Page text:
Google Chrome tests future of encryption with post-quantum crypto

Google is testing a post-quantum cryptographic algorithm in Chrome Canary to improve the future of encrypted communications

Google Chrome tests future of encryption with post-quantum crypto
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Experiments are a way of life at Google, and the company's latest project is focused on using post-quantum cryptographic algorithms in Chrome to future-proof encrypted digital communications.

Google is focusing its research on finding a way to secure today's communications so they cannot be decrypted by a quantum computer some years down the road. A small fraction of connections between desktop Chrome and Google's servers will use a post-quantum key-exchange algorithm in addition to the elliptic-curve key-exchange algorithm that would typically be used, Matt Braithwaite, a software engineer at Google, wrote on the Google Security blog.

"Our aims with this experiment are to highlight an area of research that Google believes to be important and to gain real-world experience with the larger data structures that post-quantum algorithms will likely require," Braithwaite said.

Post-quantum cryptography refers to the study of cryptographic primitives that remain secure even against quantum computers. Current cryptographic algorithms used in protocols such as TLS (used by HTTPS) are considered secure because it is difficult and time-consuming to factor enormous numbers.

Given enough time and processing power, most digital communications encrypted with existing cryptographic algorithms can be broken, calling into the question the long-term security of existing methods. Conversations currently considered secure can potentially be cracked in the future if someone successfully builds a large enough quantum computer, which uses quantum physics to perform calculations and solve problems much faster than conventional computing.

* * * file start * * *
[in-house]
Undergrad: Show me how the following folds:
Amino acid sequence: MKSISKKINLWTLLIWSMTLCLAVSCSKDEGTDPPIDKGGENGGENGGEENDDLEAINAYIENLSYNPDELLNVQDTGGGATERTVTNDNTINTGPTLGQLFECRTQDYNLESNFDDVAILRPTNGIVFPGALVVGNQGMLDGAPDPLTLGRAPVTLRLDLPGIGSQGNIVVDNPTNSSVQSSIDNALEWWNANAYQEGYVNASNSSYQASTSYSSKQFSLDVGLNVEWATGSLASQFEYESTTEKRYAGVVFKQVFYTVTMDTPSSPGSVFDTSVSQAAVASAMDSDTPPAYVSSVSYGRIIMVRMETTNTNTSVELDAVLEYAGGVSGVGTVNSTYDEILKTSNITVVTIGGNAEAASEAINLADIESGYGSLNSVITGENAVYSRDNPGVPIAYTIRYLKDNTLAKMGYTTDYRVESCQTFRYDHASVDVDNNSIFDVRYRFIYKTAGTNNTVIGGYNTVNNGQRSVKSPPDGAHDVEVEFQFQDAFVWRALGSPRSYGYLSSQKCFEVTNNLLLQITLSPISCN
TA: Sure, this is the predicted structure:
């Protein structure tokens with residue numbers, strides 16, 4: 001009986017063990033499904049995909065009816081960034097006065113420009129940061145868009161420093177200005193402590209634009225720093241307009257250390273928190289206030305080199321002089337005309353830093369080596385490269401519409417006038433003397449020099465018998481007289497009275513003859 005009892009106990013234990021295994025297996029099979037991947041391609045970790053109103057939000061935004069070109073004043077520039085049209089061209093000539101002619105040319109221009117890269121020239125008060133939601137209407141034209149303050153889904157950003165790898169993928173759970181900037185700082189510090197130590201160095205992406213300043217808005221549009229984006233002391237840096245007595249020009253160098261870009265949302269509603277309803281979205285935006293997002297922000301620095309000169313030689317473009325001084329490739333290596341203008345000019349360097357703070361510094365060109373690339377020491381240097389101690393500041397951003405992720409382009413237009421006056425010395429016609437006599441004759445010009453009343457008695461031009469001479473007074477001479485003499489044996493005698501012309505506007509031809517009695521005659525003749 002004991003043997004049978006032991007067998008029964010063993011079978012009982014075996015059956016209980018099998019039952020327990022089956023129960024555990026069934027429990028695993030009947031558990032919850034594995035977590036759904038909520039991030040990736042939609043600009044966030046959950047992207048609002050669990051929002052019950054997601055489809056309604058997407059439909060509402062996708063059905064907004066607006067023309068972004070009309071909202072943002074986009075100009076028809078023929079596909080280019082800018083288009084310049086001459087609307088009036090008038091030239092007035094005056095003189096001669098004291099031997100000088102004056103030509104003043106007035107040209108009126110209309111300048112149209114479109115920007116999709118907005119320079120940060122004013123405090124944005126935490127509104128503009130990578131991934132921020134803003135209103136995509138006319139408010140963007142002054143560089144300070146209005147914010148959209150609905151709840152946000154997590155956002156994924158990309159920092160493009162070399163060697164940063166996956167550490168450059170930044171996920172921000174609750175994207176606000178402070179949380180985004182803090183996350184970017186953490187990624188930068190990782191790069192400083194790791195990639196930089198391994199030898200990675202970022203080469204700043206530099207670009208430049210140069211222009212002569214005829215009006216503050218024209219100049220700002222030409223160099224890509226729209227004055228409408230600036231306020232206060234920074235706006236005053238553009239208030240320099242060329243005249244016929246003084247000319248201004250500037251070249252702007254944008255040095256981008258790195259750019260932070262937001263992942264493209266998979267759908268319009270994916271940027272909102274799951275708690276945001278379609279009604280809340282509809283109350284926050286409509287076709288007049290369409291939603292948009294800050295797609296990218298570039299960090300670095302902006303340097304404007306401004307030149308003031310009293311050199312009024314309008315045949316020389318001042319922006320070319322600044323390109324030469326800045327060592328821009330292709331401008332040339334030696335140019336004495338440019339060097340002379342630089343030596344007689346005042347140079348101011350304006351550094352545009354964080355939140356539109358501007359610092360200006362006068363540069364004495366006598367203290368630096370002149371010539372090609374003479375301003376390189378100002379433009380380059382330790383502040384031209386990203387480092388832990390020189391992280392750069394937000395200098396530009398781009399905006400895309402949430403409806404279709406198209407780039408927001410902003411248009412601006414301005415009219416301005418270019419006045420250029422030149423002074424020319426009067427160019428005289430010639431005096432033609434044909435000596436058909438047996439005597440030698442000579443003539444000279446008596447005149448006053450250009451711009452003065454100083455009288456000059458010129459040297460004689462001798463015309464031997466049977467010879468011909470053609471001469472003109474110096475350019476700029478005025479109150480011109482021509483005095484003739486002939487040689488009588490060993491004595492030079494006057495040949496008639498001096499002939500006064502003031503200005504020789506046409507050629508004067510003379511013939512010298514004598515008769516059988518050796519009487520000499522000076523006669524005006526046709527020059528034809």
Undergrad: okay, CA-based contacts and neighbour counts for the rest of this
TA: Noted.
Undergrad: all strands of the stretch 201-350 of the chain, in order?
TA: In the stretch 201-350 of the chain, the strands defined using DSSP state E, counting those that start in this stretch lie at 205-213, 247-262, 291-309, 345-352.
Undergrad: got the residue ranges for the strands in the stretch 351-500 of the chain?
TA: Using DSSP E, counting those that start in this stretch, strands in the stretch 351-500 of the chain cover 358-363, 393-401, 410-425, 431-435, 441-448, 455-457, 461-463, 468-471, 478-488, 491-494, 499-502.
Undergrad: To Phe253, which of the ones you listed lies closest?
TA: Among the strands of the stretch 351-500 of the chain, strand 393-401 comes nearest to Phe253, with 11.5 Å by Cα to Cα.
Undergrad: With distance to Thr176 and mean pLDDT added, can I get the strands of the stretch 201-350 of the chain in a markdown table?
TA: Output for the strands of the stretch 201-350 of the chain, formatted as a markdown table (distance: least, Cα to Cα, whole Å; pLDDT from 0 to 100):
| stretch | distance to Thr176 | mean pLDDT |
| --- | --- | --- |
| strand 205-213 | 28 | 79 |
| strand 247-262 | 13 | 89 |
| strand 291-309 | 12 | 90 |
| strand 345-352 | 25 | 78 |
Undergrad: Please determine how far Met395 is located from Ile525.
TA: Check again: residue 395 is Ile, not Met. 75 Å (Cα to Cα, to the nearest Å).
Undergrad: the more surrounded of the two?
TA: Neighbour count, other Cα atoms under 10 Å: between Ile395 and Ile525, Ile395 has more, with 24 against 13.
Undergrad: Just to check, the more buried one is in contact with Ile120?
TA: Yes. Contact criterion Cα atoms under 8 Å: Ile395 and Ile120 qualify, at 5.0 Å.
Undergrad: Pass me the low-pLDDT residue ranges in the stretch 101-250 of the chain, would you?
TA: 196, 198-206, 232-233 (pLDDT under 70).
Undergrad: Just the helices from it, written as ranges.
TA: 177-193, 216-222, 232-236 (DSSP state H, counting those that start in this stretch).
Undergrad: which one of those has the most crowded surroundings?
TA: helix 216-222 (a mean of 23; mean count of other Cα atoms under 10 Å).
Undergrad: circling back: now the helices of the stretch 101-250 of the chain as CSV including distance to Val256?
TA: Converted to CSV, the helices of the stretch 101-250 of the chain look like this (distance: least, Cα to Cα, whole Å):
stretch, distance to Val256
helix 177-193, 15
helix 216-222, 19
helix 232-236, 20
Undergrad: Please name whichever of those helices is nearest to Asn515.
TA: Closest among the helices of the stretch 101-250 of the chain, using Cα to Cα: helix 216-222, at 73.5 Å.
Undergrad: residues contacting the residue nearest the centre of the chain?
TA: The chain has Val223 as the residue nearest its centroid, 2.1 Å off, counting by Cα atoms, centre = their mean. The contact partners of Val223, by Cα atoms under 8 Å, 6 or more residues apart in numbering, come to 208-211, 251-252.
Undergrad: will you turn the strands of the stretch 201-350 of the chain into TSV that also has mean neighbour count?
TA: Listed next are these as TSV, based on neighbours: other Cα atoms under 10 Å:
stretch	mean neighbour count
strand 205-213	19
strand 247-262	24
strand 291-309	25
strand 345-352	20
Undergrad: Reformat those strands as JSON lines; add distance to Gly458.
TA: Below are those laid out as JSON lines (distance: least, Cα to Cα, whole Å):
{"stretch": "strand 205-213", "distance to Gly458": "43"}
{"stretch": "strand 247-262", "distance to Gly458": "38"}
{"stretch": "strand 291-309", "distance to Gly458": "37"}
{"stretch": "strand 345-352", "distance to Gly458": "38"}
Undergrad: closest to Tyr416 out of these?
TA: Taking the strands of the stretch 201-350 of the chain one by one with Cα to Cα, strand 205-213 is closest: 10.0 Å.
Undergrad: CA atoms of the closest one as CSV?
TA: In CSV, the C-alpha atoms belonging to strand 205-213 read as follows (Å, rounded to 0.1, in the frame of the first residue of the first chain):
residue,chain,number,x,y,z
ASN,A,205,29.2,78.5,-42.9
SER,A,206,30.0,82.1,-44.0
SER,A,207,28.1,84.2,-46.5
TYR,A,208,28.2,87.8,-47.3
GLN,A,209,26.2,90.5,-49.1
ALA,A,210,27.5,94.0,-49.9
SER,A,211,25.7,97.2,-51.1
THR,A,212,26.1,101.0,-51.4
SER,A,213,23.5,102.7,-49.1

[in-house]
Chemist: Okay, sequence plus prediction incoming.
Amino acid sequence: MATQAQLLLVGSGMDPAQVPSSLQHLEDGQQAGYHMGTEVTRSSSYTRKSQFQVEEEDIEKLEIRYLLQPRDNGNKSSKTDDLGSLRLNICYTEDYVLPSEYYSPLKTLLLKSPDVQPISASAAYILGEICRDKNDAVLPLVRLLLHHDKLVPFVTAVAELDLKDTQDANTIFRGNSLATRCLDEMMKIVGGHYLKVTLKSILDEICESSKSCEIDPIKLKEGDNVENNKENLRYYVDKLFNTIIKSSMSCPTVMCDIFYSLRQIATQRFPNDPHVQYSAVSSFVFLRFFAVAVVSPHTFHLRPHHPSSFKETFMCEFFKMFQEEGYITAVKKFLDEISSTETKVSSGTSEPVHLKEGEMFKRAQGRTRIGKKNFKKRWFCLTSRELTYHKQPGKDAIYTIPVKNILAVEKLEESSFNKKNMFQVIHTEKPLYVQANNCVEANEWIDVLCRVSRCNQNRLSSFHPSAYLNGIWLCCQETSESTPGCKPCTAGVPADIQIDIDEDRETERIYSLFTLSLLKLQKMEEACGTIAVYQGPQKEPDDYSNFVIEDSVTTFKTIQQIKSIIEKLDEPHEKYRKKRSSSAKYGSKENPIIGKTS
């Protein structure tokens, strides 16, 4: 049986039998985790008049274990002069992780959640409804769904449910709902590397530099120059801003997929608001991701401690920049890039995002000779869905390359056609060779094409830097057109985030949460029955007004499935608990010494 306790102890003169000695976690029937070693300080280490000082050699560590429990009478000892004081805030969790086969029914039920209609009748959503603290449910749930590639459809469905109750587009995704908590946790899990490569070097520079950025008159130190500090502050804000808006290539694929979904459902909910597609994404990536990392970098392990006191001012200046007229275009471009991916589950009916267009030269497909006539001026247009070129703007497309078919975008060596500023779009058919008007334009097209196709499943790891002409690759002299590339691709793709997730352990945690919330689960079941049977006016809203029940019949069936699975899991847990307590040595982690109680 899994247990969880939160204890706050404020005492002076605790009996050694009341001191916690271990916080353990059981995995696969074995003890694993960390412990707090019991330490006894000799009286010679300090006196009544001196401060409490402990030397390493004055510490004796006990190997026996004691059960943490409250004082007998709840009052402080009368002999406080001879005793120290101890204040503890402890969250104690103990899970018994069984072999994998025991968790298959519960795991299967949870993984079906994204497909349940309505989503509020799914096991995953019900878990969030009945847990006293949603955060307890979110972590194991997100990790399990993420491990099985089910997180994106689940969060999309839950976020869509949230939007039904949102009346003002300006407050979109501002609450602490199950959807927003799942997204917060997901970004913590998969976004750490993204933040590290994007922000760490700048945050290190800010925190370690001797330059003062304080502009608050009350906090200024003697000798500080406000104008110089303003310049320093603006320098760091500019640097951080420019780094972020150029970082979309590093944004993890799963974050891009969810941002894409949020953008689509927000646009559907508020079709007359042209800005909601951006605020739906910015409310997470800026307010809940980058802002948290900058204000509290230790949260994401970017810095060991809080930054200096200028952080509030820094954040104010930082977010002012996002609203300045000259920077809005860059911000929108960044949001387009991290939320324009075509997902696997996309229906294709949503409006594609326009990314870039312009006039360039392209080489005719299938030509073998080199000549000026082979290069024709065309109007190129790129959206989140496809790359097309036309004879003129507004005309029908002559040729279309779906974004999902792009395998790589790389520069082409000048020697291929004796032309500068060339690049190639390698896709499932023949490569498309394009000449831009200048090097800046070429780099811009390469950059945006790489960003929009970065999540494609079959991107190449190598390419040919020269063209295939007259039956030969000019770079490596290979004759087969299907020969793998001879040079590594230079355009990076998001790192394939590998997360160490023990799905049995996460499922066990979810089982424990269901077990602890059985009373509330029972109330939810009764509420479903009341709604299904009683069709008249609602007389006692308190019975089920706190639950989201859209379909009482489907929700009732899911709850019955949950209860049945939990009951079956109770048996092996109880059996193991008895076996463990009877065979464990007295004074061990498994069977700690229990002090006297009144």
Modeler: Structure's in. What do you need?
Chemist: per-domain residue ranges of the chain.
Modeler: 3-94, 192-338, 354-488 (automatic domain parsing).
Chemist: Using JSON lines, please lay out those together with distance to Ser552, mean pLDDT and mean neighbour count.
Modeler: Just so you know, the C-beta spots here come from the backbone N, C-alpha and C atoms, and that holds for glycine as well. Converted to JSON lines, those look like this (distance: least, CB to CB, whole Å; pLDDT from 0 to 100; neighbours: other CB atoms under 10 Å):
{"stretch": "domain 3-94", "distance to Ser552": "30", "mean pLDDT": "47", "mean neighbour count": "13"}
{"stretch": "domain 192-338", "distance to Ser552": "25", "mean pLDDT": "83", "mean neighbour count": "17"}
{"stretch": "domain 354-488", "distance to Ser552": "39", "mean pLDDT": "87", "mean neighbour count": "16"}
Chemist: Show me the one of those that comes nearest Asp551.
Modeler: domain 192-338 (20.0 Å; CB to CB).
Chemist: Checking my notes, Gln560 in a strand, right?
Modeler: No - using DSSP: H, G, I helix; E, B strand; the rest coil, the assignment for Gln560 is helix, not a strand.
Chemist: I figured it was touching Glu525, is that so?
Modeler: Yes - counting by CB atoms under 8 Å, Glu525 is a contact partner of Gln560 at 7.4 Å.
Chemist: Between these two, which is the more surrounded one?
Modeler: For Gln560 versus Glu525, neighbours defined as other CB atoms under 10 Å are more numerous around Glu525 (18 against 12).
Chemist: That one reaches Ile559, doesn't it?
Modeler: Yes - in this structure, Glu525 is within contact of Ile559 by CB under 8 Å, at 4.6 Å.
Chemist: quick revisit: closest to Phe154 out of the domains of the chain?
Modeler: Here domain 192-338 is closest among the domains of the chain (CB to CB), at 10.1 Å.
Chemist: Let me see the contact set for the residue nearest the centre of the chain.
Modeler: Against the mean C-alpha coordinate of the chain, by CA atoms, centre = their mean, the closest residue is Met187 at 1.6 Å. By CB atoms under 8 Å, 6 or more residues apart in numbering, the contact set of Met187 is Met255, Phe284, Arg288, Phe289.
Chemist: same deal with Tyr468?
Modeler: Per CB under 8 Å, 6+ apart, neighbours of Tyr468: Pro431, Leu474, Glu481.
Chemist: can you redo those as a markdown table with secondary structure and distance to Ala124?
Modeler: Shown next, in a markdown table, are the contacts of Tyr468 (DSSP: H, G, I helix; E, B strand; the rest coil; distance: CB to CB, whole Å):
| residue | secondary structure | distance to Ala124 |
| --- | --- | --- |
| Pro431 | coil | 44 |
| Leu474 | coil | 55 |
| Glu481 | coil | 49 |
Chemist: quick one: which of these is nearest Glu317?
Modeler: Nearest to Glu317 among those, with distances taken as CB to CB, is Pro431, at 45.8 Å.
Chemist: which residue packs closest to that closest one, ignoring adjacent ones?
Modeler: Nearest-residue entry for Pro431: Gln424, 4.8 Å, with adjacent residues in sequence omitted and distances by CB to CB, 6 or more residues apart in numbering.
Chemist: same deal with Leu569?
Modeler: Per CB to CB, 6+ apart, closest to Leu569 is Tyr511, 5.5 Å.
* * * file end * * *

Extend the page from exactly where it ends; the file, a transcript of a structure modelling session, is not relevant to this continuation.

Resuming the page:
Many types of information need to remain confidential for decades, so the possibility of a future quantum computer being fast and powerful enough to break existing encryption is a worrying one.

The experiment relies on New Hope, a post-quantum algorithm developed by four scientists in Turkey, the Netherlands, and Germany. While Braithwaite called New Hope "the most promising," he also warned against adopting New Hope as a de-factor standard. To reinforce the fact that New Hope isn't the only algorithm available, Braithwaite said Google plans to discontinue the experiment within two years.

New Hope algorithm is currently in use only in Chrome's test version, the Chrome Canary build.

The last thing Google wants during the experiment is to inadvertently expose user data because it made a mistake with the post-quantum algorithm. To make sure everything is protected, the company will continue to use elliptic-curve key-exchange to encrypt all digital communications, and will use the post-post-quantum algorithm at the same time. This way, if the post-quantum algorithm turns out to be crackable by conventional computers, user communications remain protected because the existing method is still in place.

As Braithwaite noted in the post, the future of quantum computer is still murky and it's not even certain that large quantum machines will ever be built. Google, IBM. Microsoft, and Intel are among the tech giants trying to make those machines a reality, and there are lots of smart scientists working in the area.  Even if the computer is still years away from reality, it's still a good idea to begin thinking about the potential challenges to cryptography these computers pose.

"While it's still very early days for quantum computers, we're excited to begin preparing for them, and to help ensure our users' data will remain secure long into the future," Braithwaite said.

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